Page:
As Saxo Bank's Peter Garnry recaps yesterday's Apple event, the company introduced its iPhone 11 which now comes in three different versions with cheapest version selling for $699 which a price cut aimed to lure smartphone buyers back into Apple's realm (at the expense of a drop in Apple's ASP). The stock market reacted positively to the news, but criticism has surfaced that Apple is falling behind as the new iPhone 11 is not coming with a 5G integration which makes almost impossible for Apple to have growth in China where local smartphone makers such as Huawei is introducing smartphone with 5G integration. Beginning in the second half of 2020 this will be a constraint for Apple.
Why does 5G matter?
To answer that question, we have excerpted from a recent Deutsche Bank report explaining "how 5G will change your life."
Amidst hype and high expectation, the 5G roll-out has begun. It recently launched in Korea, while the US, UK and others have commenced trial versions and China has said it will soon grant commercial licenses for its network. To take advantage, companies such as Samsung and LG have launched 5G smartphones. In total, $160bn is being invested annually in the construction of 5G networks according to GSMA, the mobile network operators' association. It expects 5G to contribute $2.2tn to the global economy in the coming 15 years, just a little less than the size of the UK economy.
Yet, for all the fanfare, many in the industry are quietly nervous. Among other things, one of the biggest concerns is that there is no 'killer application' ready and waiting to be unleashed that requires the 5G network. That trepidation stands in direct contrast to the 4G and 3G roll-outs. The former allowed good-quality streaming video and the latter photo sharing and other types of multimedia. Both were a boon for hardware, software, and network providers.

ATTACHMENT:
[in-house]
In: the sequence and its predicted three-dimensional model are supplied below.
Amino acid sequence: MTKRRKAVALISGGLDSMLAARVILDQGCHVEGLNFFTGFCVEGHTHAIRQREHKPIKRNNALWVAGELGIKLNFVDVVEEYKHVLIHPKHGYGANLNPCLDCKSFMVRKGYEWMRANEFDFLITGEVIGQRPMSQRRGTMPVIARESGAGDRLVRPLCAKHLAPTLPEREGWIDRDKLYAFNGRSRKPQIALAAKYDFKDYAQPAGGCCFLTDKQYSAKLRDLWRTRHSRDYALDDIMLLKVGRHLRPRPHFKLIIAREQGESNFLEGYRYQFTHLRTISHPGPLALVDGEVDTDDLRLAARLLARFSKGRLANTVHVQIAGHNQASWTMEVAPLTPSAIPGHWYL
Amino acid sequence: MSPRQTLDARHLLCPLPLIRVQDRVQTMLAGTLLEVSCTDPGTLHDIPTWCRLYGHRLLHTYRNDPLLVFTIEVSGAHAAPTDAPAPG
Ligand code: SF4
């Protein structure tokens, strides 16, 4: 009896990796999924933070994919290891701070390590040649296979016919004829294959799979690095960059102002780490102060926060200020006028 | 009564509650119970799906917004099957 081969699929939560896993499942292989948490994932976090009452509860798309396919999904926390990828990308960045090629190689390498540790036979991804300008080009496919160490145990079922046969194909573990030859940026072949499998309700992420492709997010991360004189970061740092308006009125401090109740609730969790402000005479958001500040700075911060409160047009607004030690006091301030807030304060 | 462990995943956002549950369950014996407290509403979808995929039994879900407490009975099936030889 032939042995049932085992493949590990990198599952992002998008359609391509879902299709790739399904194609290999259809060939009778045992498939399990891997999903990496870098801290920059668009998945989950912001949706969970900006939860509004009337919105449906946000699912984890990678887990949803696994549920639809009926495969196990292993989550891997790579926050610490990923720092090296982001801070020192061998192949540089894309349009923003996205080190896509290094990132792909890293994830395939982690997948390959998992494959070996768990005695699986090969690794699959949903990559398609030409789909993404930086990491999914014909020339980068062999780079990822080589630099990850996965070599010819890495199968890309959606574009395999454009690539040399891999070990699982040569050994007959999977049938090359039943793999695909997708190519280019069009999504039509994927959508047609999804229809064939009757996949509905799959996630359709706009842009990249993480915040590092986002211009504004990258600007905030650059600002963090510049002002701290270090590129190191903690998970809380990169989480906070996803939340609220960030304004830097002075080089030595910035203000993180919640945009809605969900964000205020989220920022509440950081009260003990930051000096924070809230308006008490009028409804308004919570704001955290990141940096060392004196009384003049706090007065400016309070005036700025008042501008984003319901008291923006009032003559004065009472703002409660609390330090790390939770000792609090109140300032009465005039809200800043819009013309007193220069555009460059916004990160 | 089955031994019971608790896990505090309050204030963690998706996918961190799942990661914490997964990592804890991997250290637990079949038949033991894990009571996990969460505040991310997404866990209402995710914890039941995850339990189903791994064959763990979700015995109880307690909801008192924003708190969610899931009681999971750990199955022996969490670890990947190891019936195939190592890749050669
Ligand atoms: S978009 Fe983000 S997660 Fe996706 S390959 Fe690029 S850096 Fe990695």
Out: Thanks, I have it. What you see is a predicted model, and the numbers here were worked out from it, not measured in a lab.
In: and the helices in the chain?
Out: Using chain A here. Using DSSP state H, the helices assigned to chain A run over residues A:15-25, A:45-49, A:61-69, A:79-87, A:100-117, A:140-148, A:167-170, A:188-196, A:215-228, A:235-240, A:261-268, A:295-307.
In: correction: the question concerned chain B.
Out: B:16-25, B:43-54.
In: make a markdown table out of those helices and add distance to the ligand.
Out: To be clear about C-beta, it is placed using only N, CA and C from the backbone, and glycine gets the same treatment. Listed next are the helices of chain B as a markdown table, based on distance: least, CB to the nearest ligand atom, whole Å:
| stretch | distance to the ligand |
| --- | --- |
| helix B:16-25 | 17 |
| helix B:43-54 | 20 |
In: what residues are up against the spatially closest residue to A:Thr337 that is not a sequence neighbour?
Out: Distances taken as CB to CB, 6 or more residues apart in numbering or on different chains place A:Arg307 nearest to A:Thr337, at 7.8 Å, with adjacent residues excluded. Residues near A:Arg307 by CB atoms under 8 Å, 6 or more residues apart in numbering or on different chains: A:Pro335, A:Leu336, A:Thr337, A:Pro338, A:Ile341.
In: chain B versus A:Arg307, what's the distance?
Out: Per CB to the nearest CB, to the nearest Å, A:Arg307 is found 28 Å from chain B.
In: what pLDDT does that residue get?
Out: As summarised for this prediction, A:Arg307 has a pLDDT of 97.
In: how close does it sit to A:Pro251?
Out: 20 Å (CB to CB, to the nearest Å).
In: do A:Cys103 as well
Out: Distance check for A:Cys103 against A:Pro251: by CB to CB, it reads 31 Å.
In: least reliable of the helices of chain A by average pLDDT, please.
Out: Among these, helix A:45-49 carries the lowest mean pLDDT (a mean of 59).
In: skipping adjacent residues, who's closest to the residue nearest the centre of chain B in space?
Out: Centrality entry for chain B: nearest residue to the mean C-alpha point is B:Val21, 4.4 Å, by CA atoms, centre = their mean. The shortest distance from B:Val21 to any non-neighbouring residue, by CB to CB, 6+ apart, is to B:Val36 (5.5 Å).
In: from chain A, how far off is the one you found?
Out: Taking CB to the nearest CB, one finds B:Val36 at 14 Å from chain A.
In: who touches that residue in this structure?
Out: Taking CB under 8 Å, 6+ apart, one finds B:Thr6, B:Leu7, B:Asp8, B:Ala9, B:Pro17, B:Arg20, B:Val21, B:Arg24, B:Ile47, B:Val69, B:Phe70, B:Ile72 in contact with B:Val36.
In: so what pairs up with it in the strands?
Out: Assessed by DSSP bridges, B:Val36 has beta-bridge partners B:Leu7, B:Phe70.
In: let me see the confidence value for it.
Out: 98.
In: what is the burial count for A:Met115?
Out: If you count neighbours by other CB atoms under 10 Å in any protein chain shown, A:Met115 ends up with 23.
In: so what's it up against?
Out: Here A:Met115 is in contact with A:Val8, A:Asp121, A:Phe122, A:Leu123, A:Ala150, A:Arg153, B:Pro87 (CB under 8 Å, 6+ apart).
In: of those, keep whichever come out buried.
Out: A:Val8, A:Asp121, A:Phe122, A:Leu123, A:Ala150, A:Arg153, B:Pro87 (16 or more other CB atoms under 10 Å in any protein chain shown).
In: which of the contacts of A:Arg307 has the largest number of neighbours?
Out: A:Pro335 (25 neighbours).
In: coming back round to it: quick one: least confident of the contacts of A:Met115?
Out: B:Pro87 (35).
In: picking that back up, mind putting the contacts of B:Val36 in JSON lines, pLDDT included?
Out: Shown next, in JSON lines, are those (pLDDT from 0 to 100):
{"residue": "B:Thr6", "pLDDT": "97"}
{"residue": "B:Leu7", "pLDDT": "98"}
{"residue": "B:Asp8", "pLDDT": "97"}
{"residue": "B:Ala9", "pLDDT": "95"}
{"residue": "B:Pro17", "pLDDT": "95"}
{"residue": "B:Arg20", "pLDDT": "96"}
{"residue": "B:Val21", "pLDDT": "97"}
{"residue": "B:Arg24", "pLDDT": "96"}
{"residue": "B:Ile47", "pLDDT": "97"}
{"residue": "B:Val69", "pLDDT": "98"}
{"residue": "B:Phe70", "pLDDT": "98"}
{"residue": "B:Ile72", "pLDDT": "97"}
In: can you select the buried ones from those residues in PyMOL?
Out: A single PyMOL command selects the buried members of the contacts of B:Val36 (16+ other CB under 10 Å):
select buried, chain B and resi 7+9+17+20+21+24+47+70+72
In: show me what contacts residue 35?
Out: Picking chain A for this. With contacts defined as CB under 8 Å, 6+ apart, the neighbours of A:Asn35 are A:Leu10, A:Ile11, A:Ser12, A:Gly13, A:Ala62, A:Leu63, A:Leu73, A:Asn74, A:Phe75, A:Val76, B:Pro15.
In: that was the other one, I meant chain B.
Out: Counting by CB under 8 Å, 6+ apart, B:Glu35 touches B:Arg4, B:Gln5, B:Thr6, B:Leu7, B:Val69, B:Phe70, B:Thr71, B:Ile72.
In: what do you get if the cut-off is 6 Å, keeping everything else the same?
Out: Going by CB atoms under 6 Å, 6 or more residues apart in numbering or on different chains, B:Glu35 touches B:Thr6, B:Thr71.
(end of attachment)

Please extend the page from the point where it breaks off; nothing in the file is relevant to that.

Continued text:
This is backed up by our dbDig primary research1 which shows that in the US, only ten per cent of customers are prepared to pay $6 or more for 5G services and one-quarter of customers say they are not prepared to pay any extra at all. Yet when we look at China a different picture emerges. Indeed, two-thirds of Chinese customers are willing to pay for 5G if it means quicker uploads to social media or the ability to play mobile games with very low load time. That is double the proportion of US customers who are willing to pay for the same services. It seems part of the reason is that the Chinese are far more likely to report issues with signal strength when they are in rural areas. Given smart phones have become a crucial engagement tool in rural Asian areas (see our piece titled, 'The emerging market technology skip') the willingness of the Chinese to upgrade is not surprising. However, the future for 5G smartphone service in developed markets seems more uncertain.
On top of the concerns about user uptake are the voices of health professionals, environmentalists, and politicians who worry about radiation emissions. Take Brussels, for example, a city with very strict radiation regulations. There, a pilot 5G project was halted on health grounds with the environment minister proclaiming, "The people of Brussels are not guinea pigs." In Switzerland, authorities have commenced a 5G radiation monitoring programme. And all this comes before considering the stern political rhetoric that has accompanied the choice of Chinese suppliers for 5G infrastructure (see our piece titled, 'The politics of 5G').